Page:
Bo Swanson wants to go into the construction business, just like his dad.
That’s why he came to “A Day in the Life” of the College of Engineering and Computer Science at the University of Tennessee at Chattanooga on Saturday, Nov. 12.
A senior at Grace Baptist Academy whose father owns Bobby Swanson Construction in Ringgold, Georgia, the younger Swanson was gathering information about the College’s construction management program. He said he knows how to “sort-of read blueprints,” can operate some heavy machinery and understands a few other details about the industry, but he wants to have a solid grasp.
“I’m not a professional who knows it all,” he said.
“A Day in the Life” 2022 drew about 25 students from area high schools such as Signal Mountain, Ringgold, Ooltewah and East Brainerd to tour CECS. They watched 30-minute-presentations from each engineering and computer science program. Faculty and CECS students demonstrated equipment, explained each department’s focus, what prospective students would learn and how that knowledge could help pilot their careers.
“A lot of students might say, ‘I want to be an engineer, but they don’t know the differences between civil and chemical engineering. It helps them differentiate specialties,” said Mary Margaret Sullivan, outreach coordinator in the CECS Center for Student Success and organizer of “A Day in the Life.”
“A Day in the Life” is one of many events that bring high school students to campus, where faculty and students explain what the University has to offer in its colleges and academic departments.
The Tennessee High School Press Association brought more than 60 students to its Friday, Nov. 11 workshop in Lupton Hall. Potential journalists-to-be found sessions on everything from podcasting to feature writing, broadcast journalism to social media, interviewing to photography.
Participating students came from nearby high schools including McCallie, Boyd Buchanan, Soddy Daisy and Collegedale Academy, and from others as far away as Tullahoma, about 90 minutes northwest of Chattanooga.
“Hosting events such as the Tennessee High School Press Association workshop benefits the Communication department and UTC by allowing us to partner with area high schools and students interested in studying communication,” said Jim Tanner, lecturer in the Department of Communication and organizer of the workshop.
Being part of the Tennessee High School Press Association workshop helps get the word out statewide about the UTC Department of Communication, he said.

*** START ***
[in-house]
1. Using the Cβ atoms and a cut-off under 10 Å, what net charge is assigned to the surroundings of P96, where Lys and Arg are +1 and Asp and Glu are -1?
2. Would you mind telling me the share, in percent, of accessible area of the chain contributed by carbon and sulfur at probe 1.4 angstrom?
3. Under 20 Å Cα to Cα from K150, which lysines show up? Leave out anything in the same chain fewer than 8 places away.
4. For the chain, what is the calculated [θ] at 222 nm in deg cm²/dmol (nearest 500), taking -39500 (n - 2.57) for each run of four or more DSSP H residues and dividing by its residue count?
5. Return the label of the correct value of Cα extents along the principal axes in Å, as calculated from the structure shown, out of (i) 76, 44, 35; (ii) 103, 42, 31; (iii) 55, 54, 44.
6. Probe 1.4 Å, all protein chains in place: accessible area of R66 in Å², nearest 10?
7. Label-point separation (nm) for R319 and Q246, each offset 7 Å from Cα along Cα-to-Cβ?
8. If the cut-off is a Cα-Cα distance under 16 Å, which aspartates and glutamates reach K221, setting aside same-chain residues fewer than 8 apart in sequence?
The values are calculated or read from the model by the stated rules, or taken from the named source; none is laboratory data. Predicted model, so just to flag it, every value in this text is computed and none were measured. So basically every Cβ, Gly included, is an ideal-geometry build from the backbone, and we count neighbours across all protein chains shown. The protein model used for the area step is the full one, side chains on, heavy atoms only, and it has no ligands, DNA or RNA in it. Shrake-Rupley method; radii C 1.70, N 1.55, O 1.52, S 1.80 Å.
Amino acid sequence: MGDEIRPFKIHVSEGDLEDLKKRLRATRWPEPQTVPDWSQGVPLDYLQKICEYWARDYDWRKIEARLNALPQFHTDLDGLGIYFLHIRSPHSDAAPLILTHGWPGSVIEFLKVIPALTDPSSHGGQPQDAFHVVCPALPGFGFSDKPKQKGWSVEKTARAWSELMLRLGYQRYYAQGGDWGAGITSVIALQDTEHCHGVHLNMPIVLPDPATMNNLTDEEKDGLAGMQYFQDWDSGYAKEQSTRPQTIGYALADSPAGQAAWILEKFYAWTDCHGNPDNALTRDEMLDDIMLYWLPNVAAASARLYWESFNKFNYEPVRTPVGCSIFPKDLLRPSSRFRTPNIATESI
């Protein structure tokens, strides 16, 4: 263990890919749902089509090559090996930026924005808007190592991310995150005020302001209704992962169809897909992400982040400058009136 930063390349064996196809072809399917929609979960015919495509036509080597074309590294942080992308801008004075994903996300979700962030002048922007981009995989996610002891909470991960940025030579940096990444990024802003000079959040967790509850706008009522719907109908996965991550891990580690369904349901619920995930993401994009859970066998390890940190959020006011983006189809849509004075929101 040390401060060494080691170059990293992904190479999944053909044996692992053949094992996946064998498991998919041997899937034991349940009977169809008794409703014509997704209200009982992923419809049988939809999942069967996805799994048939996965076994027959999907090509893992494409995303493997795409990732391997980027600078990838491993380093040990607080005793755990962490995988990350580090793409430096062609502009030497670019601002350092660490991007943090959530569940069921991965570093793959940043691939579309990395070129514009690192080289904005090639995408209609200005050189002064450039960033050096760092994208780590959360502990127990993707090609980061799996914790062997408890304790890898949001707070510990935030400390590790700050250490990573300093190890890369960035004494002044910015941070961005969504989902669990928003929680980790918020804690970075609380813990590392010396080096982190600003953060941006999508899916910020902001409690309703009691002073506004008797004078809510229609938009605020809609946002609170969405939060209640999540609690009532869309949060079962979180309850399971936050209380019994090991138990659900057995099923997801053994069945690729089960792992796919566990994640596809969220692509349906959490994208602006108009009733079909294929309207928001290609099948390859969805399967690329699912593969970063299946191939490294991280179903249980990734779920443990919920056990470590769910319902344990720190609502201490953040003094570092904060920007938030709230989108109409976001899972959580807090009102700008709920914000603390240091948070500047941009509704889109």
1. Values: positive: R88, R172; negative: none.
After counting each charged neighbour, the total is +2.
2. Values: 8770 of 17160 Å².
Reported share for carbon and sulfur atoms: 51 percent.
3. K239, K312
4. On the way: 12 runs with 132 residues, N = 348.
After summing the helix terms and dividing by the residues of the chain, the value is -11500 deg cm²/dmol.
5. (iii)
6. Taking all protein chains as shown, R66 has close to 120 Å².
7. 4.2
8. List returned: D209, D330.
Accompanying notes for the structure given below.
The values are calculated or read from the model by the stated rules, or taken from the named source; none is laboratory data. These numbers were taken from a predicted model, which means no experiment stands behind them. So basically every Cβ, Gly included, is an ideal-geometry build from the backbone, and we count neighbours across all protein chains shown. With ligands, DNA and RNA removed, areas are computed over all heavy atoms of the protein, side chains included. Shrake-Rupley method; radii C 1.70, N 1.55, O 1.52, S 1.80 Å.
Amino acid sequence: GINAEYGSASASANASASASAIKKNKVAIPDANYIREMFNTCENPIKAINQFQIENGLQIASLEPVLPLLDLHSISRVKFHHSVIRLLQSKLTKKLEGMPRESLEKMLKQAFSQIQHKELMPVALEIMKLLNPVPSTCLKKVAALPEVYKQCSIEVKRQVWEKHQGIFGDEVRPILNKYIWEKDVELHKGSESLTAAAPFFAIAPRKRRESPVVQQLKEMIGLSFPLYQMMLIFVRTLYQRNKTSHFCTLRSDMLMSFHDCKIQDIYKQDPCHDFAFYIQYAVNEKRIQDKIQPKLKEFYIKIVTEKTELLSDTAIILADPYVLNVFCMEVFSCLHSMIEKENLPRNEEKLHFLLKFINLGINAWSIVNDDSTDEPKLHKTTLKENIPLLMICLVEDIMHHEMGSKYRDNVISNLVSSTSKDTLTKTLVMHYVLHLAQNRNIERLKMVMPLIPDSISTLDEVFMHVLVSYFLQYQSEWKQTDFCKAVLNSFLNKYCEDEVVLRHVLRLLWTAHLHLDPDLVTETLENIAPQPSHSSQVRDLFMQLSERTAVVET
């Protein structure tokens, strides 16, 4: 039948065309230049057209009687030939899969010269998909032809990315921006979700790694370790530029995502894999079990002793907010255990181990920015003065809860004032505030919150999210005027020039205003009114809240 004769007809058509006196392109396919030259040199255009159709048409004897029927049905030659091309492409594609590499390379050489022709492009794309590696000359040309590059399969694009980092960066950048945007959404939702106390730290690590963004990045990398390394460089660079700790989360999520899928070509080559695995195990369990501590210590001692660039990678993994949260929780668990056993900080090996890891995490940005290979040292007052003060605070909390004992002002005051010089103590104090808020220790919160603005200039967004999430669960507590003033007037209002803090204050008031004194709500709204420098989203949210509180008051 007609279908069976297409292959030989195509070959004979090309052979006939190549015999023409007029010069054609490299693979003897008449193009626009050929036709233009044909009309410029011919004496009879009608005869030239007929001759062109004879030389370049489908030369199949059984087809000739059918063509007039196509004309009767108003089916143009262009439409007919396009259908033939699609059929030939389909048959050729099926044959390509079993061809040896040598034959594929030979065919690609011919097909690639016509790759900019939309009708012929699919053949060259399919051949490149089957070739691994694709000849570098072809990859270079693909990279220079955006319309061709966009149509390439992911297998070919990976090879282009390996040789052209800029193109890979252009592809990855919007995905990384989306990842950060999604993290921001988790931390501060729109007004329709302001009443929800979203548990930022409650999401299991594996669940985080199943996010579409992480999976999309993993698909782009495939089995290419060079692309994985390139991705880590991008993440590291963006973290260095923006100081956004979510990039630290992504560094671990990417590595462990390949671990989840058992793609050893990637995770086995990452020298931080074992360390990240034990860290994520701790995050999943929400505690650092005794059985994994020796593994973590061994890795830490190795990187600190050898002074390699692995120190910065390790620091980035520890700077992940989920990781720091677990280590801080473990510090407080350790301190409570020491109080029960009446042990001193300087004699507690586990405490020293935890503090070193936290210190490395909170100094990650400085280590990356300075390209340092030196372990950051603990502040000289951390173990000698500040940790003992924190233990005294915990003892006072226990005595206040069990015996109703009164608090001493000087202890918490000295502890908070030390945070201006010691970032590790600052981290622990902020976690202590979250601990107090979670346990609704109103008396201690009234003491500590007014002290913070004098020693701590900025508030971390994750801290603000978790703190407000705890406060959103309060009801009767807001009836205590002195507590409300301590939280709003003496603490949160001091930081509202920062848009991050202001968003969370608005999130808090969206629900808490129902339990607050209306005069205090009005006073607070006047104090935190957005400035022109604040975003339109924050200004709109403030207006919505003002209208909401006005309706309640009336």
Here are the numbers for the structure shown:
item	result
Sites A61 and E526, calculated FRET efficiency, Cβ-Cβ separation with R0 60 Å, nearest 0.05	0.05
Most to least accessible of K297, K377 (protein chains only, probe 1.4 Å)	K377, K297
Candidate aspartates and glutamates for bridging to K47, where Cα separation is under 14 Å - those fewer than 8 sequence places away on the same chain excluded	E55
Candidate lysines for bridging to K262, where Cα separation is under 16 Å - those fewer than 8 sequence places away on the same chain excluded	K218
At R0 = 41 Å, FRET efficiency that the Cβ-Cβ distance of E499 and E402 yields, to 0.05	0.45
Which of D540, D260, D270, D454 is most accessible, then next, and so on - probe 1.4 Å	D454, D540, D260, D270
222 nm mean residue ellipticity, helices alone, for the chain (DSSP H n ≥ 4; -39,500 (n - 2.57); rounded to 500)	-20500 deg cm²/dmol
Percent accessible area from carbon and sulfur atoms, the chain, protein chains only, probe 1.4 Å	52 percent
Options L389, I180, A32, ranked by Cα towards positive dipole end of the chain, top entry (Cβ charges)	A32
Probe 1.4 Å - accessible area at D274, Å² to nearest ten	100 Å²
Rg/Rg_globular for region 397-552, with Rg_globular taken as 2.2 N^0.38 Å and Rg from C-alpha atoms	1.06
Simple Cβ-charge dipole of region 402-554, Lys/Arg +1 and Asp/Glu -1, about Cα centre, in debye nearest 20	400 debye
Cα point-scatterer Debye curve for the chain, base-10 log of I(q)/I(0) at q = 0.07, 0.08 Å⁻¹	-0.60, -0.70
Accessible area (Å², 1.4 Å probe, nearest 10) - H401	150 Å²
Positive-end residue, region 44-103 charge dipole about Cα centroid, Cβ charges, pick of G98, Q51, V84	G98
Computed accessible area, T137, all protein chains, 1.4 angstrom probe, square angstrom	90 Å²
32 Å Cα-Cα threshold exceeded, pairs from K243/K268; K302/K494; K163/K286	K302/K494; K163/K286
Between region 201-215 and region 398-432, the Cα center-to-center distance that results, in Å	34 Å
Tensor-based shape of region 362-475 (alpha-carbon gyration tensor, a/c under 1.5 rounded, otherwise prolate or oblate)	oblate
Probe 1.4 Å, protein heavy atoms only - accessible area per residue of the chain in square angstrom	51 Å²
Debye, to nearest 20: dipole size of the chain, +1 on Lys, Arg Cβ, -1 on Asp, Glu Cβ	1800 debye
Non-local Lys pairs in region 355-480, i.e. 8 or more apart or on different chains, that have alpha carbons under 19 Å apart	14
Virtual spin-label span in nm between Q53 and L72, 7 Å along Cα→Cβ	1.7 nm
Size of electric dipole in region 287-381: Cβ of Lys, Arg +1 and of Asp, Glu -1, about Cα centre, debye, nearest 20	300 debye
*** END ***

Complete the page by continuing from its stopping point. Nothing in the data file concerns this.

“Partnering with THSPA allows us to work with other Communication departments throughout the state and help raise awareness of the strong programs available for communication studies at UTC.
Some of those partners include three other universities statewide that UTC joined in hosting THSPA’s fall 2022 workshops: Lipscomb University in Nashville, the University of Memphis and UT Knoxville.
Some programs held at UTC for prospective students have taken place for decades:
- Each summer for the past 31 years, UTC has hosted the Governor’s School for Prospective Teachers, which encourages Tennessee’s brightest 11th– and 12th-grade students to consider teaching as a profession.
- Since 2010, hundreds of middle and high school students and their parents have attended the Boys Leadership Summit, a line-up of workshops focused on topics ranging from the value of education to navigating social media to healthy relationships.
- Launching in 1999, the GEAR UP program has helped middle school students through high schoolers get ready for college or consider going to college if weren’t already interested. An initiative from the U.S. Department of Education, GEAR UP stands for Gaining Early Awareness and Readiness for Undergraduate Programs.
- The week-long Business Empowerment Academy brings local high school students who may have obstacles in their way of attending college. Students participate in the program at no cost, thanks to a grant from First Tennessee Foundation.